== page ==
Well, he supposed the best thing to do was to go to a Rolex shop, just as the clerk suggested. Go headed to the closest one right away, which happened to be in a department store filled with luxury brands. The sheer high-browness of it made Go feel a little nervous, but he rallied his courage and went in.

He asked the attendant at the Rolex counter there if they would be able to tell if it was real or not, but she said, “We don’t appraise the watches here. We can only take a look at broken watches to see if they can be fixed.” They did offer to take a look at the watch, even if they wouldn’t be able to make a definitive statement, though, and pointed out a few things that seemed off: the box was different, the movement of the stopwatch mechanism was unusual, and the strap wasn’t the type they usually use.

When Go asked them, “So, it’s not a genuine piece?” they only smiled nervously and said, “We’re sorry to inform you that this is made differently from how we make our timepieces.”

Another fruitless trip. But Go did learn some valuable information: the Rolex shop in the Marunouchi neighborhood of Tokyo, which is known as the “Japan Rolex Tokyo Service Center”, offers other services, which meant they could probably tell him if his watch was real or not, so as a last-ditch effort, Go took his watch there.

When he pushed open the heavy doors, he was greeted by a man in a perfectly fitted suit, who listened gravely as Go explained his situation, and then quickly examined the piece. With shocking speed, he concluded, “This was not made by our company.”

Just in case, he had a technician appraise the piece too, but their conclusion was the same: it was not produced by the Rolex company.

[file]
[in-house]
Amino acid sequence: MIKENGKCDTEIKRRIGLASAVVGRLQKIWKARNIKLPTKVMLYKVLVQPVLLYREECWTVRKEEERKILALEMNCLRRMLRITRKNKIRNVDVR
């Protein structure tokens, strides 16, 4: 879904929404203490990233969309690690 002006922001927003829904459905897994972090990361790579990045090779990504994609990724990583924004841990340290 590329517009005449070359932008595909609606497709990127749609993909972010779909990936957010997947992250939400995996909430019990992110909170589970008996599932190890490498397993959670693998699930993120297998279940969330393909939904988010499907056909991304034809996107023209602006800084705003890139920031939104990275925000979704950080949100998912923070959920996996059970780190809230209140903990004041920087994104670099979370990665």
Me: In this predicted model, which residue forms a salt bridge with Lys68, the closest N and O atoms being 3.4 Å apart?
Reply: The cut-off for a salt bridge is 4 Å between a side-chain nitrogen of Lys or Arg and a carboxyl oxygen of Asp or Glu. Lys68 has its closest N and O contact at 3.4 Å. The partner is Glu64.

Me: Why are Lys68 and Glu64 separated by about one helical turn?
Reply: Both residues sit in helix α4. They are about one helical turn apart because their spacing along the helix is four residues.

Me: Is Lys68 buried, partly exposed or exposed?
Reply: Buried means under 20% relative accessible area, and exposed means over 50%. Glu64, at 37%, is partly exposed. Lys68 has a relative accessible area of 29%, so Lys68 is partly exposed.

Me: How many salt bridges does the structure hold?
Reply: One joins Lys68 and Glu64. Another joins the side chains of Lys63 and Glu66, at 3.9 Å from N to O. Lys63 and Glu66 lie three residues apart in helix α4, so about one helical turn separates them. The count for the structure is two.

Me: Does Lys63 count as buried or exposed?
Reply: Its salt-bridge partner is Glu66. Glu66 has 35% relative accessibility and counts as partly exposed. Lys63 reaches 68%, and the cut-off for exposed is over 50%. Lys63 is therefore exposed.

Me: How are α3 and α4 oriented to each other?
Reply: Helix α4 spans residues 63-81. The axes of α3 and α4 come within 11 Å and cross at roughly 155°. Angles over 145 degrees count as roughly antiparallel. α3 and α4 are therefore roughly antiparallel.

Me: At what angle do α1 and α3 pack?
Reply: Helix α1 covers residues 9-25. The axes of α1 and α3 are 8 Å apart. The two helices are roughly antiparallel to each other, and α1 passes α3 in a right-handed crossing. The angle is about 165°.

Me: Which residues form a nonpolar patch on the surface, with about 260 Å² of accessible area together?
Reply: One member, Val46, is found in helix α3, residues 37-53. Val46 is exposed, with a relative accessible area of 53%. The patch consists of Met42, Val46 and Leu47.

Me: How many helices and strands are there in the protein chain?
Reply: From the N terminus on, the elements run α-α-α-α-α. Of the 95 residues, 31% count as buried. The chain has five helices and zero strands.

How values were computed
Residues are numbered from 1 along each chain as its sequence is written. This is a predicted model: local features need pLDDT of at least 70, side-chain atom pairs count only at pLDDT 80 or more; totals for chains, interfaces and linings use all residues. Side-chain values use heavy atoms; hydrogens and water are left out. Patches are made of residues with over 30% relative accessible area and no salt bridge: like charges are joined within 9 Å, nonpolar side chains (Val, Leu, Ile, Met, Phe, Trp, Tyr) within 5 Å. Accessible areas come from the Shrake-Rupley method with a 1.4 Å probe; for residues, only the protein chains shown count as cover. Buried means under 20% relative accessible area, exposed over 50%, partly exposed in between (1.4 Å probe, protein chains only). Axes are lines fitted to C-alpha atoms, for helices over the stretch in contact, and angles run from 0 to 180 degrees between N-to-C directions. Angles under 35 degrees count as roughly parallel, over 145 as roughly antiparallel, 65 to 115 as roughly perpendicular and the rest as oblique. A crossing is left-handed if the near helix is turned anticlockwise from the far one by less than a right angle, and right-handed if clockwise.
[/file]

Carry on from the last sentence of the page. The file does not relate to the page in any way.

“I can tell at first glance,” the technician told Go. “Since I work with the same model every day, it’s easy to see the difference between the builds.”

It was an impressively professional assessment. The speed of their judgment and their customer service were on point. With a fleeting hope of finally hearing the truth, Go asked the question:

“So, is this a fake?”

“If I were to say it in your words, yes, I would say it is a fake.”

This made the Rolex clerk the third person who was quick to say Go’s watch wasn’t a Rolex, yet not immediately, in their own words, call it a fake. Were they simply trying to spare the feelings of someone who’d been duped by a knockoff? Were they taking the high road by not slapping hurtful labels on another company’s products? Or by calling it an outright fake, would that somehow invoke the power of the Google gods, who would attempt to set the universe right by erasing Go’s watch from existence entirely?

Either way you put it, Go had trusted in the providence of Google and in its ads, and ended up buying a fake Rolex. In other words, Google had showed him ads for fake Rolexes.

Actually “showed” isn’t quite right, because ever since this debacle, Go continues to be shown cheap Rolex ads everywhere. On various websites…

…On YouTube…

Even on his own personal blog!!

And they were all different shop names from “rolleoxs”, with different domains, even though the prices, designs, and schemes were completely identical. Every time Go sees them now, he takes a screenshot and investigates them, and every time he’s found that they’re Ads by Google.

Google was absolutely insistent, advertising in lots of different ways for him to buy into Asia’s sketchy businesses. That means that Google is complicit in selling these counterfeit watches. Of course, the real bad guys here are the people who are actually selling these counterfeit articles. Perhaps Google is a just another victim, innocently accepting ads for fake designer products. But still, Go was disappointed, and he has this to say to Google:

“Google, get it together. Are you cool with being played like this? If you keep up with this, everyone is going to know!” says Go. “Many people say that Google is like a god, but this time it’s not. It’s a scam.”

Photos © SoraNews24